Drugs Showing Real-World Efficacy for Nocturia in Patients With Bladder Storage Symptoms - Beyond the Abstract

Nocturia is defined as the symptom that an individual has to disrupt their sleep at night, one or several times, in order to void. Nocturia is a bothersome event that markedly reduces a patient’s quality of life. The aim of the study was to elucidate which drugs, prescribed to reduce nocturia, show real-world efficacy in patients with bladder storage symptoms.

One hundred consecutive patients who visited the Fukuoka University Medical Center were evaluated between May and July 2022. Anticholinergic drugs, β3 adrenoceptor agonists, α1 blockers, desmopressin, and other medicines were prescribed for relieving nocturia. Desmopressin was used as second-line treatment of nocturia only in males with nocturnal polyuria. The primary outcome of the present study was to identify which drugs had real-world effectiveness in reducing nocturia in patients with bladder storage symptoms. We, therefore, investigated the association between each drug and decrease in the number of nocturia episodes. The secondary outcome was the association between patient characteristics and change in the number of nocturia episodes. All values are presented as mean±standard deviation. A two-sided Mann-Whitney U-test was used to determine the significance of differences in the number of nocturia episodes. Correlations between continuous variables were investigated by simple regression analysis using the square of Pearson’s correlation coefficient. Multivariate analyses were performed using multiple linear regression to identify the pharmacological agents associated with decreases in nocturnal frequency. Values of p<0.05 were considered significant. Analysis was performed using JMP version 11.0 software (SAS, Cary, NC, USA).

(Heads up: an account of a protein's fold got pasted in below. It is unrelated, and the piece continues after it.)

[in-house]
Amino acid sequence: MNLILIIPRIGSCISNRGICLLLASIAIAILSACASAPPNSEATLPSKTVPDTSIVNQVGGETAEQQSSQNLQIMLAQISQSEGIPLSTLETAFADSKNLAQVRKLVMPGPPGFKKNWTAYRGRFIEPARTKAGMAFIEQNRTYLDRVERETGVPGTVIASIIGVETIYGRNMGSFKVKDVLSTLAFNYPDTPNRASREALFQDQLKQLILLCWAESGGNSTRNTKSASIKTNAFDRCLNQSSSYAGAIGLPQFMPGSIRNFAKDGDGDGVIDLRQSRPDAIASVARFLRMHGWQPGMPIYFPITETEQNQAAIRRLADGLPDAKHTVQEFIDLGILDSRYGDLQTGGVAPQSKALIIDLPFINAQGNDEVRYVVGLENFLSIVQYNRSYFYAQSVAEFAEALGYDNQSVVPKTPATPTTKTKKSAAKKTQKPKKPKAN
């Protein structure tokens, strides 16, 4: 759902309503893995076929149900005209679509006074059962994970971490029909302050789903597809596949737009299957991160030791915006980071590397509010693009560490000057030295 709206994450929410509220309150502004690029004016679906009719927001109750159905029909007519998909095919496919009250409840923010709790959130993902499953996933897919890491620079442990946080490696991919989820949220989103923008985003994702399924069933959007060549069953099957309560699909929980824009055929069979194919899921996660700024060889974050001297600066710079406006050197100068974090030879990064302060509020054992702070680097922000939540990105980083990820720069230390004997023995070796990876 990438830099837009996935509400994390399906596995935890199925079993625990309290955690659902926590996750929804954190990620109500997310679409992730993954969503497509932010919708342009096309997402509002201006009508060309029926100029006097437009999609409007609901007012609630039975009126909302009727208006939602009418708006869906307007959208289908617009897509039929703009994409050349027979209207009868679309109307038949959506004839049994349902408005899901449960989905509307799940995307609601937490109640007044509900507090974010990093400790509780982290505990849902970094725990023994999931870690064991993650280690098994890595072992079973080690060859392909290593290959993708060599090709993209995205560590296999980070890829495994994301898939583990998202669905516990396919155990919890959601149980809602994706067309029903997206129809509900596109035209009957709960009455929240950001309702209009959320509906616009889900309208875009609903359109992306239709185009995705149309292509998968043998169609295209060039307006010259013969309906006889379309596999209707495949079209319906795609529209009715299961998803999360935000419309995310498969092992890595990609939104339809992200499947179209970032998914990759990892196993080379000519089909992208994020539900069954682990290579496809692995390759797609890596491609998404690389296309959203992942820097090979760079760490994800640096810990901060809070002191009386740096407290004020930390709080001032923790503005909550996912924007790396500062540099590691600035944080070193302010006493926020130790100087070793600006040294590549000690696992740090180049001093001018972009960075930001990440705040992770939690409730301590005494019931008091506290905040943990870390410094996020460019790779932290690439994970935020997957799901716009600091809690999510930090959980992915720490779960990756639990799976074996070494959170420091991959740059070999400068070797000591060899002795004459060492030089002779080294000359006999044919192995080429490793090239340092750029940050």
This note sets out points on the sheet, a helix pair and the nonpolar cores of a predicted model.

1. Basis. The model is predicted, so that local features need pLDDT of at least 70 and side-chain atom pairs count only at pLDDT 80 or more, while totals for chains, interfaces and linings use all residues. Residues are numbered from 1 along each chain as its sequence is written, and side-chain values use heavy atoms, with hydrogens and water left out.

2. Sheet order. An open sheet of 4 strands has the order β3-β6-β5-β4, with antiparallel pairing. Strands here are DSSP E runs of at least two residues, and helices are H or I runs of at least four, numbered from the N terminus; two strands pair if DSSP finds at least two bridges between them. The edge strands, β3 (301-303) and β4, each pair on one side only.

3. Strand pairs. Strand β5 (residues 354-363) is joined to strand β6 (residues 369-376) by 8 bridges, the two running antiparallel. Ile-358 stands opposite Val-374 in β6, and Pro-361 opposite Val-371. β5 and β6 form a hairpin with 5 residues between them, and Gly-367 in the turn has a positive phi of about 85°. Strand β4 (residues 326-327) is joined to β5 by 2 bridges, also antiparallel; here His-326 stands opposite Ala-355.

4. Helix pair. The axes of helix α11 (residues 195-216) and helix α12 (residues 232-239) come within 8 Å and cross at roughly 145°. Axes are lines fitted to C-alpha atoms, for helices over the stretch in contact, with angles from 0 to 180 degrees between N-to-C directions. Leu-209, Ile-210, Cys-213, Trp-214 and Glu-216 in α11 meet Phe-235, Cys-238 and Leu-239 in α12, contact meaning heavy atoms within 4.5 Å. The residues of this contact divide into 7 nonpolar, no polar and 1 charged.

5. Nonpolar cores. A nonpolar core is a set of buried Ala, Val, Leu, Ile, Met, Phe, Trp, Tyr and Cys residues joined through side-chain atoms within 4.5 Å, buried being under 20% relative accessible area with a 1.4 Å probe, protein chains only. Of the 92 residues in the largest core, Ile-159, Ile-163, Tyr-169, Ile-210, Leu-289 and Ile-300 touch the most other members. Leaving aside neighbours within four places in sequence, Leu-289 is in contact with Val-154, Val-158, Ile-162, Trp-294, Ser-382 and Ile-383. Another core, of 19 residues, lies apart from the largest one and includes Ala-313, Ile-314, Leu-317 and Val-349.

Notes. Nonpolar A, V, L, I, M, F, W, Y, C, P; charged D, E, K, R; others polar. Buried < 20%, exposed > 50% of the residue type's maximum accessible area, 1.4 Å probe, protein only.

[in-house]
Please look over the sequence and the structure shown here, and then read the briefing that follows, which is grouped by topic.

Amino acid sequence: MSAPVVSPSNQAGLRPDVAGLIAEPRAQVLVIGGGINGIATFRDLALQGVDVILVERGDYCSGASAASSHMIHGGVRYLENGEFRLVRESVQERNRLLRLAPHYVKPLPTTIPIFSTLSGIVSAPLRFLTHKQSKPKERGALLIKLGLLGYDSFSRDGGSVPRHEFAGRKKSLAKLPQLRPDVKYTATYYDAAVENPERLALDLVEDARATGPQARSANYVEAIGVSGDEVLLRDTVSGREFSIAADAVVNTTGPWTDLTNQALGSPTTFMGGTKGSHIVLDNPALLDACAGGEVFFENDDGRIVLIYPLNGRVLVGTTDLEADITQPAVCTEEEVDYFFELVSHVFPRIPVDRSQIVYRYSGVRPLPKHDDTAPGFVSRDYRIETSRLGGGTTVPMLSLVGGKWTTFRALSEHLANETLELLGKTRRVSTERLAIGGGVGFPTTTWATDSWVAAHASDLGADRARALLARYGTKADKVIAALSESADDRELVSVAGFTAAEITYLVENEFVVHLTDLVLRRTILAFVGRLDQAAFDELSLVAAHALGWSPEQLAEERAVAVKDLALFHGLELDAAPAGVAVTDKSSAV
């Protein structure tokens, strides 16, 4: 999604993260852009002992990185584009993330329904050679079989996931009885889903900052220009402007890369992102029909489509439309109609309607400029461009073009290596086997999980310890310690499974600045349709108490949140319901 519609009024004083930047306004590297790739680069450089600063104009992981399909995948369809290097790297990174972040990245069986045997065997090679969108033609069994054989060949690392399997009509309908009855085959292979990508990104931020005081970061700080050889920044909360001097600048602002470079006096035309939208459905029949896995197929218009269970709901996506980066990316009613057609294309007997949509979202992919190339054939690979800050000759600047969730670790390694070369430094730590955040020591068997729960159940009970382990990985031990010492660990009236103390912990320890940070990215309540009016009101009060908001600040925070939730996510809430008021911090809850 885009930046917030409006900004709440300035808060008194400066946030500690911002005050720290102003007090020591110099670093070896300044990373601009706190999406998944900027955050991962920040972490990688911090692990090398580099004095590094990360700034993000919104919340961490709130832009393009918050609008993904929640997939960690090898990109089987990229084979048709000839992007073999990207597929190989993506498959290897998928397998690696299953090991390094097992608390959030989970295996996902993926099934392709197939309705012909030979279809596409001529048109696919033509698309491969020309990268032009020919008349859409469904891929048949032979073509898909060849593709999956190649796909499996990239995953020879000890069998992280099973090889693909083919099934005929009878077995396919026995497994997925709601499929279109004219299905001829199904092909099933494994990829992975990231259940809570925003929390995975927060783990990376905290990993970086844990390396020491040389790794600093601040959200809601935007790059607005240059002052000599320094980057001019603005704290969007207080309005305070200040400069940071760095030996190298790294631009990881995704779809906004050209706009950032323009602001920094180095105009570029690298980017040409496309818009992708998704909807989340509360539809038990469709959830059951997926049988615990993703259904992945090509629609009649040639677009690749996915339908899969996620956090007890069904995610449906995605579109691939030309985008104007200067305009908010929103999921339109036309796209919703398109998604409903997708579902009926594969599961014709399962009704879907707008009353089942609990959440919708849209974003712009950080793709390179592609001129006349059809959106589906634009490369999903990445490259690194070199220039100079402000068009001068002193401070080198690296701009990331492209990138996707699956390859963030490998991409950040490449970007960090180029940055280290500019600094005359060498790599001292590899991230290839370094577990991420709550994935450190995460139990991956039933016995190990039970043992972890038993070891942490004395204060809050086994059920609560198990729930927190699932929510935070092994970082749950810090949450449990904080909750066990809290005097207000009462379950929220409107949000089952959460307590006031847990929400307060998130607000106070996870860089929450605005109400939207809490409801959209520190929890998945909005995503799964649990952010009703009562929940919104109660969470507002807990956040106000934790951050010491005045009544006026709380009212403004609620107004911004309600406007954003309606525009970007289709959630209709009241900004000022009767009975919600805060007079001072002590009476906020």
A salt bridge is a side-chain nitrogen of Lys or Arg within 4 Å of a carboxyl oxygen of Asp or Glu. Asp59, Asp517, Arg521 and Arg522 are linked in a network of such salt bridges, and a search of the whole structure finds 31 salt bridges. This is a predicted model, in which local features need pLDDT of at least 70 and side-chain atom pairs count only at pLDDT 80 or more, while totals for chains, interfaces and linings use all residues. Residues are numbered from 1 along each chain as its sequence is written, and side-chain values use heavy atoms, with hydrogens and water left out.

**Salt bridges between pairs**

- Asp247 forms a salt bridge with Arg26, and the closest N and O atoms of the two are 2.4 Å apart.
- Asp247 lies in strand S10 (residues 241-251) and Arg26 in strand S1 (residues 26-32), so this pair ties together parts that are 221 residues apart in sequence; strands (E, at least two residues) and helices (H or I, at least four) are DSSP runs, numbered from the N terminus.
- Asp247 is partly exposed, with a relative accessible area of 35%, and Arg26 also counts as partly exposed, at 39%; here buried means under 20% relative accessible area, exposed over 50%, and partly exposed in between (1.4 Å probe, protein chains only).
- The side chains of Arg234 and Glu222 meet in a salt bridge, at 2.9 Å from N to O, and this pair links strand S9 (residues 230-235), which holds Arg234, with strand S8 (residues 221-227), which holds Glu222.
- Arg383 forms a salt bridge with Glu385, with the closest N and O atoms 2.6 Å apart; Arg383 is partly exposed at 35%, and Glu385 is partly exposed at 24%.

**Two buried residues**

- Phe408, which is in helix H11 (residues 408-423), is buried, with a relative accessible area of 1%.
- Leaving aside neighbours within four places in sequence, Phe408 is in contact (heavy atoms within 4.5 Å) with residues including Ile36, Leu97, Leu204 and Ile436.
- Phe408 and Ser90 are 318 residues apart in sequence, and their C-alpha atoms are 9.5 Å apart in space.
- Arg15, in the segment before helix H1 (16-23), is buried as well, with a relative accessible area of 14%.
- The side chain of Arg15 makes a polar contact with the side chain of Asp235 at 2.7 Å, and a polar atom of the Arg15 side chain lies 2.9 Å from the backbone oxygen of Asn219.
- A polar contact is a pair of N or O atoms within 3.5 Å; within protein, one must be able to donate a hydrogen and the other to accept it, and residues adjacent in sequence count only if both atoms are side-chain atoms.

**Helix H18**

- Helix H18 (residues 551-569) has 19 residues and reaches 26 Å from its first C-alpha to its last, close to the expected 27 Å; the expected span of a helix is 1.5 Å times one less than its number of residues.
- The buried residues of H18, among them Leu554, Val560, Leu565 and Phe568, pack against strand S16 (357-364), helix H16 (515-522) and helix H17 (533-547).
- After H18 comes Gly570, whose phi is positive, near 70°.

The number of nocturia episodes was reduced in patients using anticholinergic drugs, β3 adrenoceptor agonists, and desmopressin (−1.4±0.9, −1.3±0.9, −2.0 ±0.8 episodes/night, respectively). Multivariate analysis for the entire cohort showed that anticholinergic drugs and β3 adrenoceptor agonists were associated with significantly decreased nocturia episodes (p=0.01 and p=0.04, respectively). In males, only desmopressin was associated with a significant decrease in nocturia (p=0.03), and combination therapy significantly decreased the number of nocturia episodes compared to monotherapy (p=0.001).

In a real-world clinical setting, anticholinergic drugs and β3 adrenoceptor agonists were similarly effective in reducing nocturia. Administration of desmopressin combined with anticholinergic drugs and/or β3 adrenoceptor agonists is the most effective method for reducing nocturia in male patients with both storage symptoms and nocturnal polyuria.

Written by: Nobuhiro Haga, MD, Department of Urology, Fukuoka University, Fukuoka, Japan

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